## 2. Linear operators.

Given the vector **v***(x;y)*, the product between **v** and the real number
*a* is the vector **r***(ax;ay)*.

A set of real vectors that can be multiplied by a real number is a real
vector space
(or linear space). In this context the real number *a* is said a **scalar**.

Given two vectors **v**_{1}*(x*_{1};y_{1}) and
**v**_{2}*(x*_{2};y_{2}), their
scalar (or inner or dot) product
**v**_{1}**·v**_{2} is the real number
*x*_{1}x_{2}+y_{1}y_{2}.

The scalar product between the vector **v**_{1} and the vector
**v**_{2}
can be represented in the following way

where the vector **v**_{1} is written as a row matrix and the vector
**v**_{2} as a
column matrix. The scalar product is given by the sum of the products of the corresponding
components of the two vectors.

In these pages we shall sometime use the
bra-ket notation proposed by
P.A.M. Dirac: the row matrix is
a vector `bra`

represented by `<w|`

and the column matrix is a vector
`ket`

represented by `|v>`

. So the scalar product is

The magnitude of a geometric vector is given by the square root of its square. This quantity
is generalized by the **norm** which usually is the same

In the scalar product between the vector **L**_{1}
*(L*_{1,1};L_{1,2})
and the vector **v***(x;y)* in

the vector **L**_{1} can be interpreted as an
operator applied to the
vector **v** to univocally give the real number

In order to have an univocal correspondence between a vector **v***(x;y)* and a pair
of real numbers which could be interpreted as the components of another vector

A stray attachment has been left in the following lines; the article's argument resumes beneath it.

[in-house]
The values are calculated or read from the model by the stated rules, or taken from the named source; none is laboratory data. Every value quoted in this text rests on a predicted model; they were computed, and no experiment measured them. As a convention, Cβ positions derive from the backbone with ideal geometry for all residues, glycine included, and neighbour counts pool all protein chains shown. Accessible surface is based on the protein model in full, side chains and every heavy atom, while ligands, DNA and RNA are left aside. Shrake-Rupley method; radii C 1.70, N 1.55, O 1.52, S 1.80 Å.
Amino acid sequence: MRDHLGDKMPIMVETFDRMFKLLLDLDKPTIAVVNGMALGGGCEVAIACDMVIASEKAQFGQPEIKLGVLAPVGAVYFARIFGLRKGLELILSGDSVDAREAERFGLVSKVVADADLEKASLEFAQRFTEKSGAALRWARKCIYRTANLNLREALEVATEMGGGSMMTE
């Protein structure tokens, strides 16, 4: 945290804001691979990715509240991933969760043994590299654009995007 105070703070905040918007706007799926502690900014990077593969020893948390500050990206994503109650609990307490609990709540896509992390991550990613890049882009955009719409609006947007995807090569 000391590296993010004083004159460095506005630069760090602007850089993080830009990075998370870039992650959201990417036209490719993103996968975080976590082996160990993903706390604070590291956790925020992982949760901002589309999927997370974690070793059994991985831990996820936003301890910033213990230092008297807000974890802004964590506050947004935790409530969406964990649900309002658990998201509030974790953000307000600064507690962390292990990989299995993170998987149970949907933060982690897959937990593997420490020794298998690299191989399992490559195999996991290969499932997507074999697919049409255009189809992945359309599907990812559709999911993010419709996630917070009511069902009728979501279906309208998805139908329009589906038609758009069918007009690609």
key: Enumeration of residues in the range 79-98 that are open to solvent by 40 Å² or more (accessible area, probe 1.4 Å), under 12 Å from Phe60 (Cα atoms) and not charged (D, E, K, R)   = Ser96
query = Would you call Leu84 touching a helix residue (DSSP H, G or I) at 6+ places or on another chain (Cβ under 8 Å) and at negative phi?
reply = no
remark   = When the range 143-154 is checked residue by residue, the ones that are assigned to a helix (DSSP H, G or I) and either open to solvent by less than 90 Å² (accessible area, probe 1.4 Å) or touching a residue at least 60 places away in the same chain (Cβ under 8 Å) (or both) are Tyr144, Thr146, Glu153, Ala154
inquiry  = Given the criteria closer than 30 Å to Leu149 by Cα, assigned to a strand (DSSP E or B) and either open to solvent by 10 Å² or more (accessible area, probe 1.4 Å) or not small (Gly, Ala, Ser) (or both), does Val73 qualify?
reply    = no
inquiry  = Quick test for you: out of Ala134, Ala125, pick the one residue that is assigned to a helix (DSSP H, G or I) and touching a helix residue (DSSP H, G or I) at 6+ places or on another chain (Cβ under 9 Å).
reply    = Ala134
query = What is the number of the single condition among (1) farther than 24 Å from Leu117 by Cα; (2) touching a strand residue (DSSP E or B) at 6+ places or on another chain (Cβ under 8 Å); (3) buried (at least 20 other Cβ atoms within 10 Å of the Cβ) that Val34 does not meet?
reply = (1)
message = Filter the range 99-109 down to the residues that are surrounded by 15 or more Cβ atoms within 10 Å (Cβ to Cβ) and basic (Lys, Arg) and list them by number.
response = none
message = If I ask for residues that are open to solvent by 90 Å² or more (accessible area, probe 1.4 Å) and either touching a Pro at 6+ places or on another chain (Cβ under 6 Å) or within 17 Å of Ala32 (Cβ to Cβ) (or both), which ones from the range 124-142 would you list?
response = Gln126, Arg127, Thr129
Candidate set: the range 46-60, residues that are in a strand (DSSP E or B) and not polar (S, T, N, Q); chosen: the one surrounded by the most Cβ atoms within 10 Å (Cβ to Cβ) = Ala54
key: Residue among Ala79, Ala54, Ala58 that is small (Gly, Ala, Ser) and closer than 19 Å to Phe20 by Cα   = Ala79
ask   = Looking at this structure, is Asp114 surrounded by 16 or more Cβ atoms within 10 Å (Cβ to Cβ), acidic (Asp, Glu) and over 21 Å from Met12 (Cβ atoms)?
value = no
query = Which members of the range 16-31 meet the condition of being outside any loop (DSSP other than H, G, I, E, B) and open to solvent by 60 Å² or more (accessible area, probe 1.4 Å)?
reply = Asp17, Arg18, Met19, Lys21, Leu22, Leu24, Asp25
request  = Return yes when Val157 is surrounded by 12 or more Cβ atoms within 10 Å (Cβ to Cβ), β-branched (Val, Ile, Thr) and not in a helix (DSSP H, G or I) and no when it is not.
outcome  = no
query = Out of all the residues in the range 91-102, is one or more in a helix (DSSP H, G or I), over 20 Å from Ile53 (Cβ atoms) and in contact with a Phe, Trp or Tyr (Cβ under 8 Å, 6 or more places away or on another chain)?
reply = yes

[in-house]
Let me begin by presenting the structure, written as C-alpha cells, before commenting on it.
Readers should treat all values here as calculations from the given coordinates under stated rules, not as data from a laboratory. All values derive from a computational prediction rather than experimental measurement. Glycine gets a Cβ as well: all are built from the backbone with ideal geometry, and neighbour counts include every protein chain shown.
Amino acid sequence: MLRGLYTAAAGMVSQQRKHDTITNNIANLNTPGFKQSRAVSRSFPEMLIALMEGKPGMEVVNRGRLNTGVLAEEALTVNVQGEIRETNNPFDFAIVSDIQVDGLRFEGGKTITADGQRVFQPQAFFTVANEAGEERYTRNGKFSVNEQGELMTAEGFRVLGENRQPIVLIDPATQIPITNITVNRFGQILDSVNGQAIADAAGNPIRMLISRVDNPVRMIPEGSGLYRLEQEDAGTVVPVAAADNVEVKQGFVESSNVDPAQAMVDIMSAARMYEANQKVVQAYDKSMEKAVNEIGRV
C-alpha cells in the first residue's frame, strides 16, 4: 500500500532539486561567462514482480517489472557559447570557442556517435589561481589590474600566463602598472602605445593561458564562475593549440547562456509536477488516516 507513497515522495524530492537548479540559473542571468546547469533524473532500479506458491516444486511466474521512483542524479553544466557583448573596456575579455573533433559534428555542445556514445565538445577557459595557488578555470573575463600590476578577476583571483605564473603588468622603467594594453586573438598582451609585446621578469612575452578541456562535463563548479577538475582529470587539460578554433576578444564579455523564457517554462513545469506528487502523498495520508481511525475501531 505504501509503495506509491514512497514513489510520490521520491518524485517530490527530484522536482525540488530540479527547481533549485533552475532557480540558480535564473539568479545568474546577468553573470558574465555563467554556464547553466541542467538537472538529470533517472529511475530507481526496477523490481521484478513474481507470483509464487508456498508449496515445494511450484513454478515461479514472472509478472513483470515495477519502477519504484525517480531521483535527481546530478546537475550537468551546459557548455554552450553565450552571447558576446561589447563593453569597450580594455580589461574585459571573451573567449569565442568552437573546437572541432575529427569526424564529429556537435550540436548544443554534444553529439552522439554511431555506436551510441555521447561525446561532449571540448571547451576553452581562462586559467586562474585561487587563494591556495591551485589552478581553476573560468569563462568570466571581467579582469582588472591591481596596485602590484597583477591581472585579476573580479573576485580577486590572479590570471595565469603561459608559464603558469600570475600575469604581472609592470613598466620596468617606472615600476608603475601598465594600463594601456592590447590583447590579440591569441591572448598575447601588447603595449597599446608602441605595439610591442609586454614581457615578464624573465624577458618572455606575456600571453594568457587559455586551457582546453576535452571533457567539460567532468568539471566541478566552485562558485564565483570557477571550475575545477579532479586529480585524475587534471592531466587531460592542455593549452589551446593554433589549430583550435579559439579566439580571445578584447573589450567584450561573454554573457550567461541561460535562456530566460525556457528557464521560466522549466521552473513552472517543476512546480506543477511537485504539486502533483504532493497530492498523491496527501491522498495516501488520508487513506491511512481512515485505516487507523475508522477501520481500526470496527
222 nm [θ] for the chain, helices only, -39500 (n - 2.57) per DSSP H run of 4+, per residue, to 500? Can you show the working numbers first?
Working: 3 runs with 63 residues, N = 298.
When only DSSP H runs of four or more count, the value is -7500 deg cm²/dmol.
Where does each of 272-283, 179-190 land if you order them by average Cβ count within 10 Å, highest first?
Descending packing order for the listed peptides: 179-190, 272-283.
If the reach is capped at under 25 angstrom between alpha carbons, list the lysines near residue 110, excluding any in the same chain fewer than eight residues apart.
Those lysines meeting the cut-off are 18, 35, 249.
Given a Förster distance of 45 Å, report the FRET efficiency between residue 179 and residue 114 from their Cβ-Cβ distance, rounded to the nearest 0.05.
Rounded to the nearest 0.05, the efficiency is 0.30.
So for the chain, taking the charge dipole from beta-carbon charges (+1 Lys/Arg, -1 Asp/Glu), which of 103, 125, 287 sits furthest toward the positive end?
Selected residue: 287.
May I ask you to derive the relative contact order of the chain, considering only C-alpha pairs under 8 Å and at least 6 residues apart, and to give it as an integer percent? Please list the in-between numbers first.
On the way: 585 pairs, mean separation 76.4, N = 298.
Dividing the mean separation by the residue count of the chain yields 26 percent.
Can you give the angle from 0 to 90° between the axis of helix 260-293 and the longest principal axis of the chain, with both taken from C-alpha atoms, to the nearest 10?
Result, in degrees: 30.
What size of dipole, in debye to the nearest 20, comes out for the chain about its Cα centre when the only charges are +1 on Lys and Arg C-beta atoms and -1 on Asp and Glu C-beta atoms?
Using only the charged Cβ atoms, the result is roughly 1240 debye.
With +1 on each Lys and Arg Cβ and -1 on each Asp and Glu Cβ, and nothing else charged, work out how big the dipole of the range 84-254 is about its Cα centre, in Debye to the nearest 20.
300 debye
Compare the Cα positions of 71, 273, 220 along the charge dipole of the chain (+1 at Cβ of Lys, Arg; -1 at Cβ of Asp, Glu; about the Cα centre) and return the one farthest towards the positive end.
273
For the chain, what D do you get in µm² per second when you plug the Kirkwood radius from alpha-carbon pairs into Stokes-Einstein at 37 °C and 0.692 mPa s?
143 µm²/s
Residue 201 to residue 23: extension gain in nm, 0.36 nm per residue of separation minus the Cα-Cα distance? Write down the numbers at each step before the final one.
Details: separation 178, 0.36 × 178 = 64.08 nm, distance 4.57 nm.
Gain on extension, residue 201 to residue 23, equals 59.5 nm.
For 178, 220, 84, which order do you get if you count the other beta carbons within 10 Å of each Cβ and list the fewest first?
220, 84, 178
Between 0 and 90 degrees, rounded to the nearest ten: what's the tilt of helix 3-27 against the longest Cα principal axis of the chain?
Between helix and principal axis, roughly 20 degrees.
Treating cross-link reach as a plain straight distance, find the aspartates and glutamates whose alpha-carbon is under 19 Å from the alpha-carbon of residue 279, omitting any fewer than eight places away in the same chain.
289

**v’***(x’;y’)*, **L**_{1} must be joined with another
operator **L**_{2}*(L*_{2,1};L_{2,2}) such that

The ordered pair **L** of the operators **L**_{1} and
**L**_{2} is represented by a *square matrix* with two rows and two columns

where the L_{i,j} are the entries (or coefficients) of the matrix.

This matrix is called the matrix of the operator L. In general the same capital letter
is used to denote an operator and its matrix.

So we have

and we can say that applying L to |v> we obtain |v'> or that L transforms |v> in
|v'>.

The application of L to |v> can be interpreted as the product of L and |v>,
so this product is a vector such that its components are given by the sum of the products
of the entries of each row and the corresponding components in the column.

L has the following properties (*a* is a scalar)

When an operator has such properties (like, for example, the
differential operator and the
integration operator it is said to be a
linear operator.

The operator I having matrix

when applied to whatever vector gives the vector itself. This operator is the
*identity operator*.